There are a lot of things I've never had before because of my peanut/tree nut allergy. Peanut brittle is one of them. Luckily, these days it seems like people are coming up with alternative ideas to traditional recipes, many of which use sunflower or pumpkin seeds instead of nuts. When I saw Martha Stewart on the Today show a while back, she featured Pumpkin Seed Brittle, which I found very exciting. I've since seen in around a lot - even at Williams-Sonoma! I thought this recipe was really good, although I can't compare/contrast it to peanut brittle obviously. I took this to a party and people seemed to like it. The one comparison I heard was that it's not quite as hard as traditional peanut brittle (maybe because of the honey). This recipe was so simple to prepare, especially since I had already roasted pumpkin seeds the week before (using THIS method).

Pumpkin Seed Brittle

1/4 cup (1/2 stick) unsalted butter, plus more for baking sheet or dish
1/2 cup packed light-brown sugar
1/4 cup honey
1 cup fresh pumpkin seeds, toasted as desired

1. Butter an 11 x 17-inch rimmed baking sheet or Pyrex dish. Set aside.

2. Melt butter in a small saucepan over medium heat. Stir in sugar and honey. Bring to a boil. Cook, without stirring, until mixture is medium amber and a candy thermometer registers 280F, about 6 minutes.

3. Stir in the pumpkin seeds. Cook until mixture reaches 300F, about 2 minutes.

4. Pour into prepared pan. Let cool completely. Break into pieces.

Source: Adapted from Martha Stewart

Monday, November 9, 2009

Butternut Squash and Apple Soup

One of my favorite things about Fall is the wonderful fruits and vegetables that are at their peak. The cooler weather means that it's officially soup season (although some of us enjoy soup year round with the a/c cranked up!) I initially made this soup last year. It was my first time working with butternut squash, so I was a little intimidated, but it's really not difficult. The hardest part is cutting the squash open! This recipe does require a lot of peeling and chopping, but it's definitely worth it. Considering this is Ina Garten's recipe, it should come as no surprise that it's AMAZING!!! Bob and I LOVE this soup and highly, highly, highly recommend it! It makes a LOT, so be prepared for leftovers!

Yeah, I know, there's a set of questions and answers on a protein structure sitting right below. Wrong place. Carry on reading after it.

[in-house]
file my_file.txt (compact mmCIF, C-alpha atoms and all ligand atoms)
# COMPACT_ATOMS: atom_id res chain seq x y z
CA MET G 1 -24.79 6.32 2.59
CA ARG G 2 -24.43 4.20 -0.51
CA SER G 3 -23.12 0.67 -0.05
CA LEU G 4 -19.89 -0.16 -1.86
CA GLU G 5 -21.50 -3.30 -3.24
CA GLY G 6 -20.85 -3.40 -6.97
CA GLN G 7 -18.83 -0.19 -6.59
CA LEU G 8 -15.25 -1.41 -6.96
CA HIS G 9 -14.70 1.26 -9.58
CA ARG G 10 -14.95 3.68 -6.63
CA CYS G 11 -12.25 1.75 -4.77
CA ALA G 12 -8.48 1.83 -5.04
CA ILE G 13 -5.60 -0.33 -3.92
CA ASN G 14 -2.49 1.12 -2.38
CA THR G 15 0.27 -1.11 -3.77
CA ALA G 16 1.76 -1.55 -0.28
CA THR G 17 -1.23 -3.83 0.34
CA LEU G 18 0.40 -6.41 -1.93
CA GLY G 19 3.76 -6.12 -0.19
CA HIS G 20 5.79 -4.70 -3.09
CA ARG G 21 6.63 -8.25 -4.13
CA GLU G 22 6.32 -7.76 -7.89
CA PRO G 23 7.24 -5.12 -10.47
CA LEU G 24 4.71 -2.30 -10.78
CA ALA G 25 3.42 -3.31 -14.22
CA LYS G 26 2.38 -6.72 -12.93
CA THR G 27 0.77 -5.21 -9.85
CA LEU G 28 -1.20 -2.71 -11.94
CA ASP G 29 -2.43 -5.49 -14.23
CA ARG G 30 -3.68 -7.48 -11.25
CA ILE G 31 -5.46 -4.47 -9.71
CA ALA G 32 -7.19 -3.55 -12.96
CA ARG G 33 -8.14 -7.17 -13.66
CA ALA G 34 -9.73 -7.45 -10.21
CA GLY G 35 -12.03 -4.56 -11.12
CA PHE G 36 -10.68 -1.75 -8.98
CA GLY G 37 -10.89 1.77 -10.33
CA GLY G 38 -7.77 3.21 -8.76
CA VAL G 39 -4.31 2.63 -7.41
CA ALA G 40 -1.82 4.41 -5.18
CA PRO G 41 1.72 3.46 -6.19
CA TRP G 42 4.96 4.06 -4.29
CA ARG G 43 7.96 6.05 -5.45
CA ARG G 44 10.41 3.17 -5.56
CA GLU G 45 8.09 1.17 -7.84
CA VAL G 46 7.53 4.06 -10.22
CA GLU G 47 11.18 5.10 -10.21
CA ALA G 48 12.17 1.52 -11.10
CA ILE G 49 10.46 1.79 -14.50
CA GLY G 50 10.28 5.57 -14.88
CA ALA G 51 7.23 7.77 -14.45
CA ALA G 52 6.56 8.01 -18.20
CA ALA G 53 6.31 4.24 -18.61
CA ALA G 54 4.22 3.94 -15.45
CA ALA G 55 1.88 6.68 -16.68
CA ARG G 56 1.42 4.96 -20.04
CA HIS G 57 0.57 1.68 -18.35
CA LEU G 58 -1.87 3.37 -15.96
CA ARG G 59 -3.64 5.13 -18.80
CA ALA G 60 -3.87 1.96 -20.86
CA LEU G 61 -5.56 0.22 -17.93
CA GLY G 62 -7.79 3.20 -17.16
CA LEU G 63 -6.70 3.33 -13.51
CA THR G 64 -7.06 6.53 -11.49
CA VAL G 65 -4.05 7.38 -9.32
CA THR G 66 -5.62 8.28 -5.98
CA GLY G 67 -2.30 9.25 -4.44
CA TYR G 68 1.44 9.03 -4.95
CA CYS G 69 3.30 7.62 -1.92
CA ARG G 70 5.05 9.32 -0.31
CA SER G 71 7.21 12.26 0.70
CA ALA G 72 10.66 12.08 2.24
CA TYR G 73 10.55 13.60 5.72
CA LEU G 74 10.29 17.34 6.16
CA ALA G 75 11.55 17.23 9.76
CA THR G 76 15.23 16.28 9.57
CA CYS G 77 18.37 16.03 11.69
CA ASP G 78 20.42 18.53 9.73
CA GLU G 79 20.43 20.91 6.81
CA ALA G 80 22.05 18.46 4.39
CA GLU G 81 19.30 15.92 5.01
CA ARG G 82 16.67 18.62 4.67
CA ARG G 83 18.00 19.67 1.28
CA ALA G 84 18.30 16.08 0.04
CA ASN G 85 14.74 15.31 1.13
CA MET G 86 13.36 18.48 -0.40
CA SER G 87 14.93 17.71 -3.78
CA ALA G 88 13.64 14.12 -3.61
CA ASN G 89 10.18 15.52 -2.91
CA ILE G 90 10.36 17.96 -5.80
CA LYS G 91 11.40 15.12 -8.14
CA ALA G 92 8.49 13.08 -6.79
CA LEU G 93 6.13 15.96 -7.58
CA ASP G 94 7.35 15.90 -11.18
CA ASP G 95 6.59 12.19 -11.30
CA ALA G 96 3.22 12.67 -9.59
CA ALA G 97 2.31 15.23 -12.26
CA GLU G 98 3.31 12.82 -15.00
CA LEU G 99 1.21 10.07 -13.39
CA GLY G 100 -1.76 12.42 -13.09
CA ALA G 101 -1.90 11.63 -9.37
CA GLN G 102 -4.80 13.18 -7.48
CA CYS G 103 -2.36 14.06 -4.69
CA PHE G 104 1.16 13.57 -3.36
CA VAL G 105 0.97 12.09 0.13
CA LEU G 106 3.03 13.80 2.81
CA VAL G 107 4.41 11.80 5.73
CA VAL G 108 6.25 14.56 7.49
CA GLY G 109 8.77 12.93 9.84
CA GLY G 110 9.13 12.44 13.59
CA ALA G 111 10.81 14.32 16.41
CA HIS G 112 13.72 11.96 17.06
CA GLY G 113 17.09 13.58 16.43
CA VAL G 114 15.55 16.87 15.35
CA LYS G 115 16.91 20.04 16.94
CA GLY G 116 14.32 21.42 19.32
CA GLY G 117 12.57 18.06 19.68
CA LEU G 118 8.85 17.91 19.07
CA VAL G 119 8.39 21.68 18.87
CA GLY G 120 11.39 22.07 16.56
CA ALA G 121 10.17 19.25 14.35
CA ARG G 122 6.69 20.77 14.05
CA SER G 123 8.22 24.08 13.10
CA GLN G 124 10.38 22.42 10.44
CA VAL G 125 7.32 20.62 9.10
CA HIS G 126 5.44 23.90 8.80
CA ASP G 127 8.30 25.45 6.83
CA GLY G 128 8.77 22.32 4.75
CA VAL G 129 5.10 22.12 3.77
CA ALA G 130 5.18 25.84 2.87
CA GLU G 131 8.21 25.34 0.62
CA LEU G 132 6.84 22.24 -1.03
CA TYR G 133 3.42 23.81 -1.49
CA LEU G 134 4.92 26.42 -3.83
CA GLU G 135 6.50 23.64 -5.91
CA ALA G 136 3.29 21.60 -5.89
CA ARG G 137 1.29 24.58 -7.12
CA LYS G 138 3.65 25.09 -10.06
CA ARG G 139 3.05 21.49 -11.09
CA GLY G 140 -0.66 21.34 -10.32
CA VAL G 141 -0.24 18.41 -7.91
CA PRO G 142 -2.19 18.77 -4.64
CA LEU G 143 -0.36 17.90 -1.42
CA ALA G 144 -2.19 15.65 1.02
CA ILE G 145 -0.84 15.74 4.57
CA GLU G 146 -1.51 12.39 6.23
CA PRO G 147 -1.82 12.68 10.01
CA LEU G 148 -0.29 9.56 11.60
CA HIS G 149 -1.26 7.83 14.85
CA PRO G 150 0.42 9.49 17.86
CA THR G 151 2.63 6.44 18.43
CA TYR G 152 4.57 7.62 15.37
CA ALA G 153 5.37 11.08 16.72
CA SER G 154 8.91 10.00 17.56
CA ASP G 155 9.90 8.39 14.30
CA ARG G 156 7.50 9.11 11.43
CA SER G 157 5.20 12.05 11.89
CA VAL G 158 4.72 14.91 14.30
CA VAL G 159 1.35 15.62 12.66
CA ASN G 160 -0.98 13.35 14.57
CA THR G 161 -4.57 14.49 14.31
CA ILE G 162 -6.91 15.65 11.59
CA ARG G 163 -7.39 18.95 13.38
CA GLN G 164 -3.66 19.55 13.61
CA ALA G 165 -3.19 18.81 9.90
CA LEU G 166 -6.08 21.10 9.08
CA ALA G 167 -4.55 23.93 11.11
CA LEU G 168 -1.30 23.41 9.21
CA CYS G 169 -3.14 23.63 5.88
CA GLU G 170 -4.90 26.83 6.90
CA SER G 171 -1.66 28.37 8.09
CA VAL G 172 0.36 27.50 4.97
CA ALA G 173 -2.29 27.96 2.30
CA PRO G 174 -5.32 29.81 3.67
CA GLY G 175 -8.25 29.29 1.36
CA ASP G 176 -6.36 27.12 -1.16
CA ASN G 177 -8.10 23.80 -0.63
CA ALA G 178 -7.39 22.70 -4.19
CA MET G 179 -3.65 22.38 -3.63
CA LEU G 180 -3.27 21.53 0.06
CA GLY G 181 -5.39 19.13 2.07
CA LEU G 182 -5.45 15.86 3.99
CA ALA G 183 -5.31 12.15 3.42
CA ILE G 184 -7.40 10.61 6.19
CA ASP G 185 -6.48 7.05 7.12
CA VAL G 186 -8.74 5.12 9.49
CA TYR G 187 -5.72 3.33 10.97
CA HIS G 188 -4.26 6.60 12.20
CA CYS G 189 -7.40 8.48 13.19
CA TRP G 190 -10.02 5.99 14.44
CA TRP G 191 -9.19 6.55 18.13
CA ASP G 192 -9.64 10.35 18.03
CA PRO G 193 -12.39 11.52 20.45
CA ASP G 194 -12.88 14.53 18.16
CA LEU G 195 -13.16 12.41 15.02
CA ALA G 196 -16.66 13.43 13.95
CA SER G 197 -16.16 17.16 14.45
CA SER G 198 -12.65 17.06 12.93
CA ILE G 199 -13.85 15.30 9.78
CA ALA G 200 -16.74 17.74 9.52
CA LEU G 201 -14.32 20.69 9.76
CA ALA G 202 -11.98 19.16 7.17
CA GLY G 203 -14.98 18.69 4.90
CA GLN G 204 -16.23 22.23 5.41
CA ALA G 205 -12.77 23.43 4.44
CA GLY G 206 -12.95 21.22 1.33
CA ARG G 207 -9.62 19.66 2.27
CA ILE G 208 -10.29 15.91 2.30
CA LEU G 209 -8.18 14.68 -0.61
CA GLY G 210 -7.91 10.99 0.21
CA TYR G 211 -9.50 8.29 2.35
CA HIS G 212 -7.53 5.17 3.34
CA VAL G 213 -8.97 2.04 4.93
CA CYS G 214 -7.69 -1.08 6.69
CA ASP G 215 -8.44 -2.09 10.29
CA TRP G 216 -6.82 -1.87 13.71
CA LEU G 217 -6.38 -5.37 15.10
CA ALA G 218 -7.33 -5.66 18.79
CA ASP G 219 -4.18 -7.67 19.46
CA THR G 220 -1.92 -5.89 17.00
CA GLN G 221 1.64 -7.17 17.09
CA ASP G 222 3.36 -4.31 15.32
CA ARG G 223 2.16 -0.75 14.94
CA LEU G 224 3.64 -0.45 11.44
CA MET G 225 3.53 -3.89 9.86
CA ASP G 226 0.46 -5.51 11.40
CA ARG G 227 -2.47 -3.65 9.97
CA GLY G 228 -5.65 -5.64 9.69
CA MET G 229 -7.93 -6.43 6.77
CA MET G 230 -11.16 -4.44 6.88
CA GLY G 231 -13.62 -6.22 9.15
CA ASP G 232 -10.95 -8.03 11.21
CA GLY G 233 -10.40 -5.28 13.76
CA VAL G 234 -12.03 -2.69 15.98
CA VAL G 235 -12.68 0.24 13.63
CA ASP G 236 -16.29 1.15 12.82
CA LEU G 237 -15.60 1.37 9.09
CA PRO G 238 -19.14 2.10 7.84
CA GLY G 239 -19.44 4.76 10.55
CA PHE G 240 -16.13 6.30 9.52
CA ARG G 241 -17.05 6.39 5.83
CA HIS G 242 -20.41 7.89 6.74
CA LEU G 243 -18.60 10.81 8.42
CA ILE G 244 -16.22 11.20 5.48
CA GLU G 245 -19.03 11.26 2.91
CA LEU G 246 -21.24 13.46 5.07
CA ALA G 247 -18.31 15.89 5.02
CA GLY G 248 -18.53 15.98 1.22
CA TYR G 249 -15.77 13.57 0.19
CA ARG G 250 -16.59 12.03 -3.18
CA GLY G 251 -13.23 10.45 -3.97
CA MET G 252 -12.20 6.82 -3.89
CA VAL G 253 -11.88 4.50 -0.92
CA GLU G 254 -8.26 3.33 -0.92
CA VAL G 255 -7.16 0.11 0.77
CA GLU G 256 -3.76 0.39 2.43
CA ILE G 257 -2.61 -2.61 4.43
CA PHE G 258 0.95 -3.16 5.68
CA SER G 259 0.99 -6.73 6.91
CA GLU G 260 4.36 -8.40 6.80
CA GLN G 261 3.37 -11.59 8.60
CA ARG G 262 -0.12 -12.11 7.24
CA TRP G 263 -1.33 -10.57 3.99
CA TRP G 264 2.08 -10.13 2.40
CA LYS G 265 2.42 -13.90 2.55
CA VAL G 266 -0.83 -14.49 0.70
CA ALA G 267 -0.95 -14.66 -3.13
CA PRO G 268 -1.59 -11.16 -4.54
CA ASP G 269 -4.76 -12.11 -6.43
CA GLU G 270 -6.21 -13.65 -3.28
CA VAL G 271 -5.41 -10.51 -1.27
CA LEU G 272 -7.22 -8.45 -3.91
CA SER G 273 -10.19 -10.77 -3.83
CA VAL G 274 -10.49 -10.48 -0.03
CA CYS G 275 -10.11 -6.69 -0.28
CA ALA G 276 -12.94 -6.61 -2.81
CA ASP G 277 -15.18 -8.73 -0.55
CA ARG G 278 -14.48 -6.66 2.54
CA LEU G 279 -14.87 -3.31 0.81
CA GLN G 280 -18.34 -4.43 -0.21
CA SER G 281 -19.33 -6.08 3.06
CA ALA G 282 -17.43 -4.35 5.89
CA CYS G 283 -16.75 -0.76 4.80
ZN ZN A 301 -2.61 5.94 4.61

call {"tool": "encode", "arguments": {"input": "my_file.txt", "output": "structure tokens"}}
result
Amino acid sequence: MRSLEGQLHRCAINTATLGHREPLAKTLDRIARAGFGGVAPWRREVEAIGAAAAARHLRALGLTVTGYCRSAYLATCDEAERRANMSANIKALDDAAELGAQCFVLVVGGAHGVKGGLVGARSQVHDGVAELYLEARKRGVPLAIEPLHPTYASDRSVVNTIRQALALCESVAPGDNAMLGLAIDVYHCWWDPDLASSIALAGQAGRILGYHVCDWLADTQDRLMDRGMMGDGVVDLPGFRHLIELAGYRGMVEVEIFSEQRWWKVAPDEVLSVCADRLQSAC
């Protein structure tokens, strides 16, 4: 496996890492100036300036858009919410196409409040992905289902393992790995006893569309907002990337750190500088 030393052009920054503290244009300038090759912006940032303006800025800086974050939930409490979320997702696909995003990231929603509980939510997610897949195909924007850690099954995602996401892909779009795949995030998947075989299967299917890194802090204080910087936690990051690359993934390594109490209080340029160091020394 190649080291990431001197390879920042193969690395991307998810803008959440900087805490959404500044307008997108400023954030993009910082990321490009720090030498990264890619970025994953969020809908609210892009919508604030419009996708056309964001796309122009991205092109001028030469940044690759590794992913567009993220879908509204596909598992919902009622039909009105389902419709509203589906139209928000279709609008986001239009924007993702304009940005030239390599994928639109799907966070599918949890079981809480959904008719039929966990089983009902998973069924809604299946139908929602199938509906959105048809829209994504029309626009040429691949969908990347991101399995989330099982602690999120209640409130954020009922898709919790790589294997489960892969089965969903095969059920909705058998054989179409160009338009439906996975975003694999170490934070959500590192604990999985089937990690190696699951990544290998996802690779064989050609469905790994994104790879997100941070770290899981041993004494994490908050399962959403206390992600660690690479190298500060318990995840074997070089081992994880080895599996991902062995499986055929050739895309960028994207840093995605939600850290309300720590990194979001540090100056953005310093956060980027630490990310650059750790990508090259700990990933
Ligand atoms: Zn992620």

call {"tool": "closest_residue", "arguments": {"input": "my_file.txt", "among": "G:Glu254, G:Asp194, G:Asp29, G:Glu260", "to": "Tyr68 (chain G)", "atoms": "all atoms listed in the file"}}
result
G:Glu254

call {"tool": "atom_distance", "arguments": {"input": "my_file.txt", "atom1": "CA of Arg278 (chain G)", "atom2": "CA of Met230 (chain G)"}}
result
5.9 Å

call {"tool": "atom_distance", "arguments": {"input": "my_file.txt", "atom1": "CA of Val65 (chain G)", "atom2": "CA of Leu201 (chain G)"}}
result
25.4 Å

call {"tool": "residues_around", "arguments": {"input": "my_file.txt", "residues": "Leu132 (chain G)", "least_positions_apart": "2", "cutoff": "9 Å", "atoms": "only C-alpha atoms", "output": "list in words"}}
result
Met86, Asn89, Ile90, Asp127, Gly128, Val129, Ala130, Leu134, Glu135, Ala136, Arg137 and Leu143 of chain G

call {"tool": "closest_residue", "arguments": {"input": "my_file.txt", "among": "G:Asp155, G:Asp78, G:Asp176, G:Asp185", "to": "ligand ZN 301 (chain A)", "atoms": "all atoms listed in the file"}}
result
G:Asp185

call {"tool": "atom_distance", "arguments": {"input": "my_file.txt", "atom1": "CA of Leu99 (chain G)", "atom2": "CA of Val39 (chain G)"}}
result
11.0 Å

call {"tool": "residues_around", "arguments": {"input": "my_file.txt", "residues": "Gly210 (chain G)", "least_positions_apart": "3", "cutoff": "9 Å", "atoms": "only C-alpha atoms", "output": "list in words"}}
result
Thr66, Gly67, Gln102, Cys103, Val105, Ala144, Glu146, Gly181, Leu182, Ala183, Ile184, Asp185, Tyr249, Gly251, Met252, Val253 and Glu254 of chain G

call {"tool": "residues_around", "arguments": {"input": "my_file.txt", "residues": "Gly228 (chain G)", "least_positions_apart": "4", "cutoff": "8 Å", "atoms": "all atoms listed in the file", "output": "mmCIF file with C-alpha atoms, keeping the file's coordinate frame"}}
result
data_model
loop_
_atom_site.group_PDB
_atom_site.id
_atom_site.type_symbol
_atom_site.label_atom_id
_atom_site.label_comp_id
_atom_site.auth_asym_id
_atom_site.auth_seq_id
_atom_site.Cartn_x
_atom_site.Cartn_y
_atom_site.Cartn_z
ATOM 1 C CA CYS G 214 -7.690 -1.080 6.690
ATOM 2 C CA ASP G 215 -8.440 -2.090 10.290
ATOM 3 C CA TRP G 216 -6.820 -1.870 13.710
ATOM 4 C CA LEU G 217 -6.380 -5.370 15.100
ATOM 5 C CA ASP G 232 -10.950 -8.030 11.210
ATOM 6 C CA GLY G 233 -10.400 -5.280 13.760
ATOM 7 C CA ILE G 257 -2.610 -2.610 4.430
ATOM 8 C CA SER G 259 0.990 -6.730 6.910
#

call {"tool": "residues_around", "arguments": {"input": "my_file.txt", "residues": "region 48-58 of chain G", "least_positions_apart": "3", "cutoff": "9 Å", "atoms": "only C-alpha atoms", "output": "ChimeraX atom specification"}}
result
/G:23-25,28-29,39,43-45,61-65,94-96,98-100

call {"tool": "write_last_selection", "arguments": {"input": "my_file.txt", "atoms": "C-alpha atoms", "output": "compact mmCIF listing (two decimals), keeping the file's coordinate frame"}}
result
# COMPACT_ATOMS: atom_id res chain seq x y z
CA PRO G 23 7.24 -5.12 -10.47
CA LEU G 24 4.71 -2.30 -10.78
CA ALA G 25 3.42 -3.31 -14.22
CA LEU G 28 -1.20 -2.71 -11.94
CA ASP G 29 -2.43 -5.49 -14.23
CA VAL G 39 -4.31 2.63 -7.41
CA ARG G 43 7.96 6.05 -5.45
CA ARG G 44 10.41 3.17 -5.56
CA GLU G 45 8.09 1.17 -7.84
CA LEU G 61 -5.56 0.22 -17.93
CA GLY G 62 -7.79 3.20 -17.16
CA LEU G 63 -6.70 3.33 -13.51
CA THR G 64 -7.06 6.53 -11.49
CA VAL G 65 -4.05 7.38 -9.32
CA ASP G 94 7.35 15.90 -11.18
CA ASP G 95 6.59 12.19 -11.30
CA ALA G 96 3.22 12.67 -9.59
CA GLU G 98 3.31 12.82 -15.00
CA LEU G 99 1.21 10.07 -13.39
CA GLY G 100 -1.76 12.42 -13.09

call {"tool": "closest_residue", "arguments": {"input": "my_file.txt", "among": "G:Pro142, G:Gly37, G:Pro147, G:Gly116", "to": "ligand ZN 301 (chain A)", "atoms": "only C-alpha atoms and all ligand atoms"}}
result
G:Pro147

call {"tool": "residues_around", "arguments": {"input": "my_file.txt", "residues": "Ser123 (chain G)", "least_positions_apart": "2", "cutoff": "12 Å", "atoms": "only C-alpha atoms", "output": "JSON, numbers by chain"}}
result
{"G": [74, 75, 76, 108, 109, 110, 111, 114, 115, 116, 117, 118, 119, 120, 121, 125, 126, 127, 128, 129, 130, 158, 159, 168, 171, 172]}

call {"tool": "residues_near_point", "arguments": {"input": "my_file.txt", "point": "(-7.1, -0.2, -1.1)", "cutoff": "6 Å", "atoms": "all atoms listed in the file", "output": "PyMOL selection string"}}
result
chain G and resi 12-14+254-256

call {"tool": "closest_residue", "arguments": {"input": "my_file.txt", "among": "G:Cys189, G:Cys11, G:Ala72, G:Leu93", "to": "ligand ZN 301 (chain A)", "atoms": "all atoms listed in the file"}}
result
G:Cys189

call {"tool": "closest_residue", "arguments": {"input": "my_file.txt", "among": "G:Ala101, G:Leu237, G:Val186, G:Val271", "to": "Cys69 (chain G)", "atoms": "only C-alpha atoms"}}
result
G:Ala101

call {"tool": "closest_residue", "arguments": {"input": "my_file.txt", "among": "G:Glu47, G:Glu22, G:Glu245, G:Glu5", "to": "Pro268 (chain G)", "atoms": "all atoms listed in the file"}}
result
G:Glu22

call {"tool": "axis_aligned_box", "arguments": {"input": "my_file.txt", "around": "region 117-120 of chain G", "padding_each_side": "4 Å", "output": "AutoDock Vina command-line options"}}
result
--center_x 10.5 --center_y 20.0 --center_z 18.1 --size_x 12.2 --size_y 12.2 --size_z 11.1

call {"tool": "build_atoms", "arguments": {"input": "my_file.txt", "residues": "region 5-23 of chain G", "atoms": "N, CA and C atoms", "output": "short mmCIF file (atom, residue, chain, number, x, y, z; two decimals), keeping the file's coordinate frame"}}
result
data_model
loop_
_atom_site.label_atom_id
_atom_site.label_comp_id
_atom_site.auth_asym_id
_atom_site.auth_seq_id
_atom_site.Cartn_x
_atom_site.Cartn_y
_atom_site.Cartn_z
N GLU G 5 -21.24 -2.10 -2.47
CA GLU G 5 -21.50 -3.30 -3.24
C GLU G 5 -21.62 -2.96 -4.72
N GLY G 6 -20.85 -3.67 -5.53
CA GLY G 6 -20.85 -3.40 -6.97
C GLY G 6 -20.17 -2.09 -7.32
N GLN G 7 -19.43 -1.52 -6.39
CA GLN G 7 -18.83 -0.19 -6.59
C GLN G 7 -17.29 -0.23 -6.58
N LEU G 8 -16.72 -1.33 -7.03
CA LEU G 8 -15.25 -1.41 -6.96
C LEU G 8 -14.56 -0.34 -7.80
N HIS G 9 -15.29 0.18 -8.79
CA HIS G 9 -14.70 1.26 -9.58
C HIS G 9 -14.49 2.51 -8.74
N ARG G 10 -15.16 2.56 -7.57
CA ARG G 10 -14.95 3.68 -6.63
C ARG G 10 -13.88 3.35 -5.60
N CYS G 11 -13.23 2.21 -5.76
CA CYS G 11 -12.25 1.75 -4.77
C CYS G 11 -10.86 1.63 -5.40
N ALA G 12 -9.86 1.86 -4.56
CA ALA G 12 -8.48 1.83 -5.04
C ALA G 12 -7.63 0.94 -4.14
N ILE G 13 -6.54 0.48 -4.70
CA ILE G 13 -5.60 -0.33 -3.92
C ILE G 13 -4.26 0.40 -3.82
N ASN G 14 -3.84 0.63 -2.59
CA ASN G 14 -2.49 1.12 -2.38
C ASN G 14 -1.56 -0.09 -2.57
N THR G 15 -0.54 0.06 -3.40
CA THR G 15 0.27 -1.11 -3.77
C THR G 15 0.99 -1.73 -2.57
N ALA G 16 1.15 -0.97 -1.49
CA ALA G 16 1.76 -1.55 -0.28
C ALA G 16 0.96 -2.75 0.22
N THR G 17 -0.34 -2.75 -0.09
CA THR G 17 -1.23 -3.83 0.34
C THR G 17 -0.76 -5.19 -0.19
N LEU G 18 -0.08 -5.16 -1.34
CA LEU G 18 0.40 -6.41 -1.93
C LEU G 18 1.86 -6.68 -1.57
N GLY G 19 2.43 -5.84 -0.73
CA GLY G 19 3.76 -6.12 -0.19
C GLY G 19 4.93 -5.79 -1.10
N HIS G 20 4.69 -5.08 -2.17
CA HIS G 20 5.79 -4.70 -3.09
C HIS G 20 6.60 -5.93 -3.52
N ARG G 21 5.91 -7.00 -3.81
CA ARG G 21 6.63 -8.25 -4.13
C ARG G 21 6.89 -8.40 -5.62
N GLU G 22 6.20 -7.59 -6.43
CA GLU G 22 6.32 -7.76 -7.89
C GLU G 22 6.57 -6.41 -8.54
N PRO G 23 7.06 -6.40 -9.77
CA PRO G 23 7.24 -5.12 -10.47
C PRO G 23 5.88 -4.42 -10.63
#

Butternut Squash and Apple Soup

2 Tablespoons unsalted butter
2 Tablespoons olive oil
4 cups chopped yellow onions (3 large)
2 Tablespoons mild curry powder
5 pounds butternut squash (2 large)
1 1/2 pounds sweet apples (4)
2 teaspoons kosher salt
1/2 teaspoon freshly ground black pepper
2 cups water
2 cups good apple cider or juice

1. Warm the butter, olive oil, onions, and curry powder in a large stockpot uncovered over low heat for 15 to 20 minutes, until the onions are tender. Stir occasionally, scraping the bottom of the pot.

2. Peel the squash, cut in half, and remove the seeds. Cut the squash into chunks. Peel, quarter, and core the apples. Cut into chunks.

3. Add the squash, apples, salt, pepper, and 2 cups of water to the pot. Bring to a boil, cover, and cook over low heat for 30 to 40 minutes, until the squash and apples are very soft. (This takes a bit longer for me).

4. Process the soup through a food mill fitted with a large blade, or puree it coarsely in the food processor fitted with a steel blade. (You may also use an immersion blender, which I did - much easier!)

5. Pour the soup back into the pot. Add the apple cider or juice and enough water to make the soup the consistency you like; it should be slightly sweet and quite thick. Season with salt and pepper if desired and serve hot.

Source: Adapted from the Barefoot Contessa Ina Garten

Friday, November 6, 2009

Pumpkin Latte

One of my favorite things about fall is the Pumpkin Spice Latte. I first noticed them at Starbuck's years ago, and now it seems like every major coffee place carries a version of this delicious drink. As good as they are, I find it hard to shell out almost $5 for a drink, so last year I found this Pumpkin Latte recipe. I really enjoyed! Bob has a bit of a problem with the texture of the drink (it has pure pumpkin puree in it so it's not quite as smooth as the more artificial drinks out there). What I like is that you can make this recipe any way you want (kind of like at Starbuck's!) - decaf, half caf, lower sugar, etc. It's a nice alternative that allows you to stay in your warm cozy home and save a little money for the upcoming holiday season! :)

Pumpkin Latte

Serves 2 (8-ounce servings)